As we approach tax season, it is important that we cover how taxes and settlements relate to one another.
When you’ve been in an accident that has left you injured, out of work, and struggling financially, the last thing we want to think about is any associated tax that might affect you. We understand that a car accident is stressful enough, however, it’s important that we understand how taxes and settlements work together. There are some cases where a settlement will be taxed, and others where it will not – each case is different.
Let’s take a closer look:
According to the IRS, if you have received a settlement for a personal injury and did not take an itemized deduction for medical expenses on the previous years’ taxes, your settlement will remain tax-free. If you did take an itemized deduction for medical expenses on the previous years’ taxes, you will likely have to pay taxes on this portion of the settlement.
The only damages that are able to be considered tax free are any physical damages and the associated expenses. This includes medical bills and property damage.
Any settlement in relation to property damages sustained by the accident are generally not taxable. This is as long as the settlement amount for these damages do not exceed the adjusted basis of the property. Any excess settlement amount will be considered income and will, therefore, be considered taxable.
If you were awarded lost wages within your settlement, you will be taxed on them. Since all wages are always taxed, this should come as no surprise. These wages will be taxed the same way they would have been had you earned them through traditional work. These wages are also subject to pay Social Security and Medicare.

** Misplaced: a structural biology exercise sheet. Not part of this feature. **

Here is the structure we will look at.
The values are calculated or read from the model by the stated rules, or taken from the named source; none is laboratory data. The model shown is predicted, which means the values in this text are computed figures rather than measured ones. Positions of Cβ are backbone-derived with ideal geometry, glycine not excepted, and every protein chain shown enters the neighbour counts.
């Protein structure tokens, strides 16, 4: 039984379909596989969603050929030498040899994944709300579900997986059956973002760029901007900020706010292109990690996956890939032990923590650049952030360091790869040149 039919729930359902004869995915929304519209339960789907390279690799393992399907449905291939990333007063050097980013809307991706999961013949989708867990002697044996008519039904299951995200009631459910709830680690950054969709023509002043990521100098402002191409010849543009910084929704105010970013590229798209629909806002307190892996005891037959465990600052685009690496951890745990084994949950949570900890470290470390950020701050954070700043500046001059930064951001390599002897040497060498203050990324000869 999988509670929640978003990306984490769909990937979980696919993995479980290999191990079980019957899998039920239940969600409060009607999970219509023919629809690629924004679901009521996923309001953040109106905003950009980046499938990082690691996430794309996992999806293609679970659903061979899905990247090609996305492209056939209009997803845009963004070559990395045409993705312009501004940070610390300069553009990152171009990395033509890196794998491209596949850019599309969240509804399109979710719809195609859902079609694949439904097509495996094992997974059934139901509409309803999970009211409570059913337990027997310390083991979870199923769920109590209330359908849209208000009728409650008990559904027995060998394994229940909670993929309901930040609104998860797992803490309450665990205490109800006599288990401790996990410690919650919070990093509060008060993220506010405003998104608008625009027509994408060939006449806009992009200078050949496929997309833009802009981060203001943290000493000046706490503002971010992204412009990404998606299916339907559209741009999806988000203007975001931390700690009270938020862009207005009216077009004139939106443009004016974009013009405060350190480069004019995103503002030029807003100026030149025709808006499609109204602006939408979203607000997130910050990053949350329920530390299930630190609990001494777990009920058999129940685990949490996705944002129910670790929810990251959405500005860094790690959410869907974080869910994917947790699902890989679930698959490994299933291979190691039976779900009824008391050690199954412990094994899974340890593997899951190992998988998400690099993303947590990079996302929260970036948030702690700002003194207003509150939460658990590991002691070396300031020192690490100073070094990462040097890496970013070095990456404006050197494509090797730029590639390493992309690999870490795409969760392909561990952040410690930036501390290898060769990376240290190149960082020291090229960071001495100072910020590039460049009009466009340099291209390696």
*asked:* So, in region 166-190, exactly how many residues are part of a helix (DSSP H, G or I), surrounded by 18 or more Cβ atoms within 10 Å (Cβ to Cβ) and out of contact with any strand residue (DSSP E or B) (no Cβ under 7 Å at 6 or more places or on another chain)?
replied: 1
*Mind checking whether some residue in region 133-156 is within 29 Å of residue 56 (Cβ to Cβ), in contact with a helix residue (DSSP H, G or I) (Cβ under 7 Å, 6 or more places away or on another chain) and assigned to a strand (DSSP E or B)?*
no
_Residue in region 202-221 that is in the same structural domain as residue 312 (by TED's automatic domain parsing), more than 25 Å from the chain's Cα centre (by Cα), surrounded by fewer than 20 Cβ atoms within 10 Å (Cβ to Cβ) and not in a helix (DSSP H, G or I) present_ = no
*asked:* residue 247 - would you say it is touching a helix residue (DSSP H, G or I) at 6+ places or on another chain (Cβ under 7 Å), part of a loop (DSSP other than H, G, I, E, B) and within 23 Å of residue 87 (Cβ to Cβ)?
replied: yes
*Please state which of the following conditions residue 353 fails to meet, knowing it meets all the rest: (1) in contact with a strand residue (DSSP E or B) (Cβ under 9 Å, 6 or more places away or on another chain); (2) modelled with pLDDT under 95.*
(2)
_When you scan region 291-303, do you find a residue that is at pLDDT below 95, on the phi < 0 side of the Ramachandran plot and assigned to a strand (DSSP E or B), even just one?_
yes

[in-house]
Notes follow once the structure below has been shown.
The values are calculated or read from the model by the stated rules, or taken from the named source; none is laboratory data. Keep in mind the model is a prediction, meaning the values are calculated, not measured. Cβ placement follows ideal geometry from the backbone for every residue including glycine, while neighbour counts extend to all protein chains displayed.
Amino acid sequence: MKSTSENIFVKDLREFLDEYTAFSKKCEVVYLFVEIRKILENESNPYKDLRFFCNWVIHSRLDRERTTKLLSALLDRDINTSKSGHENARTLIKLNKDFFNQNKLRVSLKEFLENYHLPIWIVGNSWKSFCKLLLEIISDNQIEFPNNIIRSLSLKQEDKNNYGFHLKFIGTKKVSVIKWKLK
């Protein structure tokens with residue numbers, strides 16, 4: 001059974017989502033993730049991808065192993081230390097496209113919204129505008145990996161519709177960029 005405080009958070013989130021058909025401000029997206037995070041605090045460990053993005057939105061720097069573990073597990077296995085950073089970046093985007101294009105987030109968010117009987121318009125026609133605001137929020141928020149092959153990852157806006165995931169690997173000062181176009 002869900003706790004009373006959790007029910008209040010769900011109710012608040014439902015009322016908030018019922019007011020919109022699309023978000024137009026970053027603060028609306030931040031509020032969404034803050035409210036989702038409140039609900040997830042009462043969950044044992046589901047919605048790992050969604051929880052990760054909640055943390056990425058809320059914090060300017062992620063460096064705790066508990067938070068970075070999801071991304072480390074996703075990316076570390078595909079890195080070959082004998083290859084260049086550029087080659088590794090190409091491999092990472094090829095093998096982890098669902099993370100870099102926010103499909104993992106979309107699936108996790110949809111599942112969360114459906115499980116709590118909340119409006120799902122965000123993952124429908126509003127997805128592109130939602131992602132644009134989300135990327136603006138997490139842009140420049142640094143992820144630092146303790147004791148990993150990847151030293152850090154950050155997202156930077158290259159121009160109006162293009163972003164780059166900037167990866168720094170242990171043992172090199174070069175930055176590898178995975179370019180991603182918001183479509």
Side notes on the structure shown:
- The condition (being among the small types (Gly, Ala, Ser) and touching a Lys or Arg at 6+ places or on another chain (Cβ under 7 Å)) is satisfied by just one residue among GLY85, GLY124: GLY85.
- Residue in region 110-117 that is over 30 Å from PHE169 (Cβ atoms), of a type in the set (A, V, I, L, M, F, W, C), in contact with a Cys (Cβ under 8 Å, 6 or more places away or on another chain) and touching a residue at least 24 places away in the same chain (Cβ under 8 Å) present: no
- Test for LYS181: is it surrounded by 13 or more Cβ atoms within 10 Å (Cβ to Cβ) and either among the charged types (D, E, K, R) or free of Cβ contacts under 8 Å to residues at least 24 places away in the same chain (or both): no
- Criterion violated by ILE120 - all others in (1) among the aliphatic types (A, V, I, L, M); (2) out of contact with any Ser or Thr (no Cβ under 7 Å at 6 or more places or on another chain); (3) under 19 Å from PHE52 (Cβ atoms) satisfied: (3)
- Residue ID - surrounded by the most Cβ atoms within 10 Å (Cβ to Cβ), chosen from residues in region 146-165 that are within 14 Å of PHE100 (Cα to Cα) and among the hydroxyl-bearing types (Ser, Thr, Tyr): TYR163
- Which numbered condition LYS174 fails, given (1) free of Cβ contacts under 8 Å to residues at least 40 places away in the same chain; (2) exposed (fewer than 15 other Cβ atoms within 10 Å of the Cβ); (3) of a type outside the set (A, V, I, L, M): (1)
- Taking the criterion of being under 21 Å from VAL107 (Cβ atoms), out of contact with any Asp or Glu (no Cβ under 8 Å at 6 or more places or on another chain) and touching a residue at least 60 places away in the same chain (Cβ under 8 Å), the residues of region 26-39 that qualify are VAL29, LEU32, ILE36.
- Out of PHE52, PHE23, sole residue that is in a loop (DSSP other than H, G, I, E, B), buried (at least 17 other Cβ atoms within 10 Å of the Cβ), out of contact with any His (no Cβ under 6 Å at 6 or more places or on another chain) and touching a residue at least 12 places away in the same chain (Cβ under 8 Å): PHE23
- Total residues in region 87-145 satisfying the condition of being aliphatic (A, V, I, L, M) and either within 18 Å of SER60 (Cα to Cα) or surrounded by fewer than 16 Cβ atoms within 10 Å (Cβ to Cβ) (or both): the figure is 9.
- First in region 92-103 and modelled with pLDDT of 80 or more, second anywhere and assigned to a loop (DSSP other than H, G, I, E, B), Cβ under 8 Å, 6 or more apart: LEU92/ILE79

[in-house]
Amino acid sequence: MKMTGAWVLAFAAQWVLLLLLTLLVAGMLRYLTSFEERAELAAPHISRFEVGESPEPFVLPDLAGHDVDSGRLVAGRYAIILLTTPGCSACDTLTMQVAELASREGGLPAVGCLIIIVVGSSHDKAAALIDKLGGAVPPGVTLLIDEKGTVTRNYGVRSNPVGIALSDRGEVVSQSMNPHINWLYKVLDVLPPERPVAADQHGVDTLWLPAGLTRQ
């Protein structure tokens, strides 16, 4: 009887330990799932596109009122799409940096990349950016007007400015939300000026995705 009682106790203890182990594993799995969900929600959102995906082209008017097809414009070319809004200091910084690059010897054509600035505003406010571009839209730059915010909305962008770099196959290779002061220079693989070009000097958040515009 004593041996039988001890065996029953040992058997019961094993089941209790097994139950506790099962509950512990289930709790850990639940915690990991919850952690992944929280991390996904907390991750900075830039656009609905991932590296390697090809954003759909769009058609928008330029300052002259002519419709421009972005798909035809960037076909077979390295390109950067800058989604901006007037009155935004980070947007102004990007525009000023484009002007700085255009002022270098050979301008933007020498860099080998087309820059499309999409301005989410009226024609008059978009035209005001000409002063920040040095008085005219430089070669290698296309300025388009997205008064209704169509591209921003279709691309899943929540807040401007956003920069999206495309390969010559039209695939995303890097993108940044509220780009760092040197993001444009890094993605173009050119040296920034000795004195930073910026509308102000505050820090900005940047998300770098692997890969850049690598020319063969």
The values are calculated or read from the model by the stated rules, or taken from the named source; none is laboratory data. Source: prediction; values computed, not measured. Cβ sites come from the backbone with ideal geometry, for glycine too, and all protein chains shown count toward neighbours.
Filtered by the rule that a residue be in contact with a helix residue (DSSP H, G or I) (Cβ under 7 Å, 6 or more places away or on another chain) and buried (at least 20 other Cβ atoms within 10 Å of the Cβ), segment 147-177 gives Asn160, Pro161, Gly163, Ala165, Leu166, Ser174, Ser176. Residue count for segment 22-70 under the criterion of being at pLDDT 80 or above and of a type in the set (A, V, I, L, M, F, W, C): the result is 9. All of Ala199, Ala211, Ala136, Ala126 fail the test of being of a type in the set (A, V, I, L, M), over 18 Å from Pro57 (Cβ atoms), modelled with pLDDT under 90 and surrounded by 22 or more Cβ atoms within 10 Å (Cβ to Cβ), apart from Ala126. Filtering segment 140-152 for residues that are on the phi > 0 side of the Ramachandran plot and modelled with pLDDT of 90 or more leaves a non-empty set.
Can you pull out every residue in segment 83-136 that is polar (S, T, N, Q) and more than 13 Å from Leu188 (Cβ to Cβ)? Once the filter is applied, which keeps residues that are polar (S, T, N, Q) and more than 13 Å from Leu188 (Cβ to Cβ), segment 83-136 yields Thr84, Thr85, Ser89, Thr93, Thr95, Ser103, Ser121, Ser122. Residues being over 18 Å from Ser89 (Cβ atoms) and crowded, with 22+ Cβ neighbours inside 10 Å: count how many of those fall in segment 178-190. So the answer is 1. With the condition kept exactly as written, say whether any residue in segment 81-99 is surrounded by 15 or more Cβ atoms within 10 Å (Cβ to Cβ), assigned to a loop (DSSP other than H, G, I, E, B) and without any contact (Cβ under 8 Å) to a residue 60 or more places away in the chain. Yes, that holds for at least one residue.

Punitive damages will be taxed and should be reported as other income. Since punitive damages are not meant to compensate the injured, rather, they are meant to punish the injurer, you can definitely expect to pay tax on this type of damages.
If you have emotional distress that has originated from a personal injury, the tax status from above personal injuries still applies. However, if your emotional distress is not a result of a personal injury, this portion of a settlement may be subject to taxes.
If you are concerned about compensation for emotional trauma being taxed, this would fall under medical expenses and be considered not taxable.
A Final Word
Overall, there are some general rules of thumb when it comes to car accident settlement and taxes. But there are also exceptions to these rules in specific circumstances. It is always best to consult a tax professional as well as your attorney. Questions regarding taxes are also always great to discuss during the settlement process. An experienced attorney will be able to help you understand all of these ins and outs and how your settlement will work.
Give us a call today if you are seeking legal assistance for your car accident settlement.